THE CIRCUIT COURT ERRED IN ALLOWING THE PROSECUTOR TO ENGAGE IN MISCONDUCT BECAUSE THE CONSTITUTION [*6] OF THE STATE OF MISSOURI, AS WELL AS THE CONSTITUTION OF THE UNITED STATES, GUARANTEES THE DEFENDANT THE RIGHT TO DUE PROCESS AND PROTECTION FROM RELIGIOUS DISCRIMINATION.
Defendant's points relied on do not comply with the requirements of Rule 84.04(d). Defendant does not explain in summary fashion why, in the context of the case, those legal reasons support the claim of reversible error. Also, defendant's points relied on are vague and it is difficult to identify the trial court's ruling and action that is being challenged. In addition, defendant's argument does not include the applicable standard of review. Therefore, defendant's appeal warrants dismissal.
Nevertheless, despite the numerous deficiencies of appellant's brief, we will review ex gratia the issue of whether defendant's actions violated section 567.020.
Section 567.020 states "[a] person commits the crime of prostitution if the person performs an act of prostitution." Section 567.010(2) states that "a person commits prostitution if he engages or offers or agrees to engage in sexual conduct with another person in return for something [*7] of value to be received by the person or by a third person." Sexual conduct occurs when there is deviate sexual intercourse which means any sexual act involving the genitals of one person and the mouth, hand, tongue or anus of another person. Section 567.010(4)(b). "Something of value" is defined as "any money or property, or any token, object or article exchangeable for money or property." Section 567.010(5).
When interpreting statutes, the appellate court's primary responsibility is to ascertain the intent of the legislature from the language used, to give effect to that intent if possible, and to consider the words used in their plain and ordinary meaning. State v. Harney, 51 S.W.3d 519, 532 (Mo.App.W.D. 2001). The General Assembly is presumed to have intended what the statute says. Id. Thus, when the legislative intent is apparent from the words used and no ambiguity exists, there is no room for construction. Id.
The intent of the legislature in enacting the prostitution statute can be inferred from the language used. The intent and purpose of the prostitution statute is to outlaw commercial sexual conduct [*8] including but not limited to sexual intercourse. State v. Burgess, 669 S.W.2d 637, 639 (Mo.App.E.D. 1984).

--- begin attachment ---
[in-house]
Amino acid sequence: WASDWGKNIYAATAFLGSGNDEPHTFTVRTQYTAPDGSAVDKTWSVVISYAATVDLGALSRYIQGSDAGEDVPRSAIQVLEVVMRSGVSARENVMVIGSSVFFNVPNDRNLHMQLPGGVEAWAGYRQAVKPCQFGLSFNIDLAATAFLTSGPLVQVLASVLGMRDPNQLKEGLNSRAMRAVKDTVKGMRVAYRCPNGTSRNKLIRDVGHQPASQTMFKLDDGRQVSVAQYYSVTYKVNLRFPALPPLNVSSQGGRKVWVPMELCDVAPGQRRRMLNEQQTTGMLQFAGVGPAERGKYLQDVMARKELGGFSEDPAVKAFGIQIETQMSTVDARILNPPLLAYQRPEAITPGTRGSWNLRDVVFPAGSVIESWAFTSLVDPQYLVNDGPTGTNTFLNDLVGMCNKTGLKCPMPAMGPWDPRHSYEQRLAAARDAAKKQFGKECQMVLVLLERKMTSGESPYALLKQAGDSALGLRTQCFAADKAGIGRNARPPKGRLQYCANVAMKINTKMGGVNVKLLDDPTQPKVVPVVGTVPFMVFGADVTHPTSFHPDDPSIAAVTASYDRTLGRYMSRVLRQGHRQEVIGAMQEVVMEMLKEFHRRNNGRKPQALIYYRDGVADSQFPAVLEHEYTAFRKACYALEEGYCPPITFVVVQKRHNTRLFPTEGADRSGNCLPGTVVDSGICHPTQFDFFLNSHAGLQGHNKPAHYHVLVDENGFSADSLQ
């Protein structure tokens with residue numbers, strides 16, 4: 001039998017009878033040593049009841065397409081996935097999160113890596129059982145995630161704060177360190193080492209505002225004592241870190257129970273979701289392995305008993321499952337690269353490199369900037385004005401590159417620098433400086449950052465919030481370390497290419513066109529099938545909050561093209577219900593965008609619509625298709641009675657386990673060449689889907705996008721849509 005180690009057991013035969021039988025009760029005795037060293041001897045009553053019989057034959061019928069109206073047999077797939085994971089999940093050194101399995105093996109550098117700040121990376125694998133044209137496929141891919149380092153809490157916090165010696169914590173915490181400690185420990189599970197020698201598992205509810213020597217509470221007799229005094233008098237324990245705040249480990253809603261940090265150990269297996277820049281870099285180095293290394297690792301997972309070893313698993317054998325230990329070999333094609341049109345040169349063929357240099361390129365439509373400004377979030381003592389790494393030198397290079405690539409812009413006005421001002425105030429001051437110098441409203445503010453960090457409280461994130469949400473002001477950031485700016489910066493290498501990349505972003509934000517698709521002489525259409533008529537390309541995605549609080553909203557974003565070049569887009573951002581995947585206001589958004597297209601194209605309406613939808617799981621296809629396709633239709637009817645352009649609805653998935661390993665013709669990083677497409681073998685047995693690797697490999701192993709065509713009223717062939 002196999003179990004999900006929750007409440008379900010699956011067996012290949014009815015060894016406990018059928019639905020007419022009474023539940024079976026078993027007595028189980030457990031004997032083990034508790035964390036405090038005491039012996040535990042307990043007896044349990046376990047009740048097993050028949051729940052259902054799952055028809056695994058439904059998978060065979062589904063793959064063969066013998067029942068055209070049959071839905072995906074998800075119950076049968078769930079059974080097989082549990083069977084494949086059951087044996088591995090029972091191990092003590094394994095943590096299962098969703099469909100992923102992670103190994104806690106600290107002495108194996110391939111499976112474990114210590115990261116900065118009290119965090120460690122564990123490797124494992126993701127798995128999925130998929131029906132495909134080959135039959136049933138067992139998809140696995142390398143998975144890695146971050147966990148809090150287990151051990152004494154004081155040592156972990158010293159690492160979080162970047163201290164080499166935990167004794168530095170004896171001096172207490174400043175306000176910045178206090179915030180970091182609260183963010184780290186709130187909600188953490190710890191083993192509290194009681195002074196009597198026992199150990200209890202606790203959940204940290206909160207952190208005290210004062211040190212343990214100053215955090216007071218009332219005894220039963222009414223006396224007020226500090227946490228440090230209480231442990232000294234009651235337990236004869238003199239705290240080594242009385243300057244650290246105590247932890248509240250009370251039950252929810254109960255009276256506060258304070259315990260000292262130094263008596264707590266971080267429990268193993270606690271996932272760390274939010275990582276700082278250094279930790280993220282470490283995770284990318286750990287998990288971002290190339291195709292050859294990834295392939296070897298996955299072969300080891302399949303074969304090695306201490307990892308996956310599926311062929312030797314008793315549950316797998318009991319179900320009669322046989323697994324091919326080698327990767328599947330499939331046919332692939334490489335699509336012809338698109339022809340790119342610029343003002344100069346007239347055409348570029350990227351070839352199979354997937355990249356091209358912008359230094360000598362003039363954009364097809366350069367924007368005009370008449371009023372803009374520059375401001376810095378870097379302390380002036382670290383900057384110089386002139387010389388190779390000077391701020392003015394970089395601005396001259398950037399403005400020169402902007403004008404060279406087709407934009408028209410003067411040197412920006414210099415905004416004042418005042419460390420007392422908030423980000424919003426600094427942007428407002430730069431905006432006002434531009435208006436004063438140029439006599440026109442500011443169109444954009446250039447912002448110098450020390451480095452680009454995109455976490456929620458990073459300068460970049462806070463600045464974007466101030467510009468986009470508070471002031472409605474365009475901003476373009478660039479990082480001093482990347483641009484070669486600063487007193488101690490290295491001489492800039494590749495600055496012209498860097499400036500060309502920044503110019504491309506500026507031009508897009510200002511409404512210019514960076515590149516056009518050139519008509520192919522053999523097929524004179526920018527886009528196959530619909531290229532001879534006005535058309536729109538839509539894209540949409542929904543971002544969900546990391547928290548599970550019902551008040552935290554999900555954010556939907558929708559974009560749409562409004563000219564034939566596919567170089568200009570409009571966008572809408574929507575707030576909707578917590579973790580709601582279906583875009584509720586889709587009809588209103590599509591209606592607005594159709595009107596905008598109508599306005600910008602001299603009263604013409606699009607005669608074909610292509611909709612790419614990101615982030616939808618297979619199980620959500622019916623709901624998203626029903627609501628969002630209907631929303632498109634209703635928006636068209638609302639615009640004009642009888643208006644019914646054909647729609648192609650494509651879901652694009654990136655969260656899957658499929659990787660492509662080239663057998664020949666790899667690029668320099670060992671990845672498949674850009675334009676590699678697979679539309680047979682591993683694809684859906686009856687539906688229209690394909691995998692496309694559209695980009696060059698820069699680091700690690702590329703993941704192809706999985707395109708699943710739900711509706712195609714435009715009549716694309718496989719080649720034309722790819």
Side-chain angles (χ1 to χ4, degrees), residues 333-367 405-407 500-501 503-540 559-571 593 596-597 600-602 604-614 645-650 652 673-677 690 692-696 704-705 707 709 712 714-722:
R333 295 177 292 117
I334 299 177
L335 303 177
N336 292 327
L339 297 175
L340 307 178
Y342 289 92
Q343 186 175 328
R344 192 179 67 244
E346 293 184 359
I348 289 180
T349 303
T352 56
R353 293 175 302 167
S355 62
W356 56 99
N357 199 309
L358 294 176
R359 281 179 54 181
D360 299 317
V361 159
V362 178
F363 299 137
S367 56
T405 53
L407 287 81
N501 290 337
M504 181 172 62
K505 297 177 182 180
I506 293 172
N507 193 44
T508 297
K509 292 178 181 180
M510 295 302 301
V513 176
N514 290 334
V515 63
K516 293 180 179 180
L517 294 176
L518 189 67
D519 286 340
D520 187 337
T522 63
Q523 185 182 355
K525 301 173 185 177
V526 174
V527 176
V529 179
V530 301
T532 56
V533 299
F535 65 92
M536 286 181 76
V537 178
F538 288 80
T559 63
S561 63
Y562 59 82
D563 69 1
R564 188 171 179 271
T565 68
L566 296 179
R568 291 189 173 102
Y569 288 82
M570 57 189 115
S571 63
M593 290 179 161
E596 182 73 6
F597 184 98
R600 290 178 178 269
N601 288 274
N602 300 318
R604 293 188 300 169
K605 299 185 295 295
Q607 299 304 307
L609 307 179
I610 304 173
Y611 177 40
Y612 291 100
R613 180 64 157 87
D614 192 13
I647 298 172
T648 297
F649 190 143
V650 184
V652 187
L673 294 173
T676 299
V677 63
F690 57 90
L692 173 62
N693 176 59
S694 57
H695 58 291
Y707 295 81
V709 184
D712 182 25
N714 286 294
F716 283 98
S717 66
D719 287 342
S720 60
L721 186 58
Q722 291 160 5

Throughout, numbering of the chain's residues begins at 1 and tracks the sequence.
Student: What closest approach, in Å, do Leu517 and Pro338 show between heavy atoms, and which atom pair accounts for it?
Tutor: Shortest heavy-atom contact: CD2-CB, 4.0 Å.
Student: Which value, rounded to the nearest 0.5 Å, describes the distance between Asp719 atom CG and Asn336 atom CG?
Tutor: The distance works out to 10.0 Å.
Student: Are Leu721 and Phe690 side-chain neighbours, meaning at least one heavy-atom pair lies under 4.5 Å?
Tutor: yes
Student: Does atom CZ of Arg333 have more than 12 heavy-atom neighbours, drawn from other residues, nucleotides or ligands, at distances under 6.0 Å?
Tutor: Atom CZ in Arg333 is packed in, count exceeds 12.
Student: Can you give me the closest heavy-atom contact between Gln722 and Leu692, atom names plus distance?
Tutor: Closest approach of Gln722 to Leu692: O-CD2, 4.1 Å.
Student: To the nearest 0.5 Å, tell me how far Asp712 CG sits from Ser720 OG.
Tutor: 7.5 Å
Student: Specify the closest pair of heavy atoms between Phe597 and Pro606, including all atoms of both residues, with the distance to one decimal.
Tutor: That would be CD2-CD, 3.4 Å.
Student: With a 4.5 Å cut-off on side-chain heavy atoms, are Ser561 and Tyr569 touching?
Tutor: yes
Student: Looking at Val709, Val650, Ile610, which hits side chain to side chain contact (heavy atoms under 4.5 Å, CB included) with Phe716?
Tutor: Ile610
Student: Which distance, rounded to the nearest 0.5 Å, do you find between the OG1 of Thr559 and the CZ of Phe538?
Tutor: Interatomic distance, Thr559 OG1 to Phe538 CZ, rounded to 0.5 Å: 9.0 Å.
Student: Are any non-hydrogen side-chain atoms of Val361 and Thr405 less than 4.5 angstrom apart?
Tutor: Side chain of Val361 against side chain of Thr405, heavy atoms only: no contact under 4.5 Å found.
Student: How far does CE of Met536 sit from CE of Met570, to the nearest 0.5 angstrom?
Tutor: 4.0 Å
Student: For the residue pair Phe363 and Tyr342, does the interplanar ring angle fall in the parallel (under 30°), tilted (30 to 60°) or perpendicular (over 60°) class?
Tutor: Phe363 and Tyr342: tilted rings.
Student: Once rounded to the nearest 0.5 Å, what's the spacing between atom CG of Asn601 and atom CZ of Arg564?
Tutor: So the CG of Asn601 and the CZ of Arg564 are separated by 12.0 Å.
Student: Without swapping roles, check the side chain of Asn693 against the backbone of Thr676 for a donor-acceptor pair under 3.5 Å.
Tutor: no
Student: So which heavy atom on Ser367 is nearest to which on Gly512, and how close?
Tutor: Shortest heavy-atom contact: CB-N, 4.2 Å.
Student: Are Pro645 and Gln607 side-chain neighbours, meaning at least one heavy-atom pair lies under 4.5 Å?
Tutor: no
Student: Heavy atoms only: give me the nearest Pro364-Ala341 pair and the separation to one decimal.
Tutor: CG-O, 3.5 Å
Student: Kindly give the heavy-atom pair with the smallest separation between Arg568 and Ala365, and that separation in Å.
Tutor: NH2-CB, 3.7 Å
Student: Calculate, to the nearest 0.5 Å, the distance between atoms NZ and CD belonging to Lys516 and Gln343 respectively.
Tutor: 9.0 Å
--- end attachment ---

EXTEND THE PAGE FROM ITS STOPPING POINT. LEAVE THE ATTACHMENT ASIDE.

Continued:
Reviewing the evidence and reasonable inferences therefrom in the light most favorable to the jury's verdict, disregarding evidence to the contrary, we conclude that the trial court's judgment is supported by substantial evidence. Here, the uncontested evidence showed that defendant engaged in sexual conduct with another person in return for $ 200. Both defendant and co-defendant performed deviate sexual intercourse by placing their mouths onto the genitals of one another. As already stated, we will reverse the jury's verdict for insufficient evidence only where there is a complete absence of probative fact to support the jury's conclusion. Based on the record on appeal, we have found substantial evidence to support the jury's conclusion; therefore, we affirm the judgment of the trial court.
PAUL J. SIMON, Judge
James R. Dowd, C.J. and Mary K. Hoff, J., concur.
This case is presented to generally inform the public and does not provide legal advice nor does it establish an attorney-client relationship. If you have a legal issue or question, contact a lawyer. If you are arrested, make no statement and contact a lawyer immediately, but offer no physical resistance.
Joe Obenberger is a Chicago Loop lawyer concentrating in the law of free expression and liberty under the United States Constitution, and his firm has represented many owners, employees, and customers of adult-oriented businesses, both online and in the real world. He can be reached in the office at 312 558-6420. His e-mail address is email@example.com.
J. D. Obenberger and Associates are available for consultation, representation, and defense of adult-oriented online programs.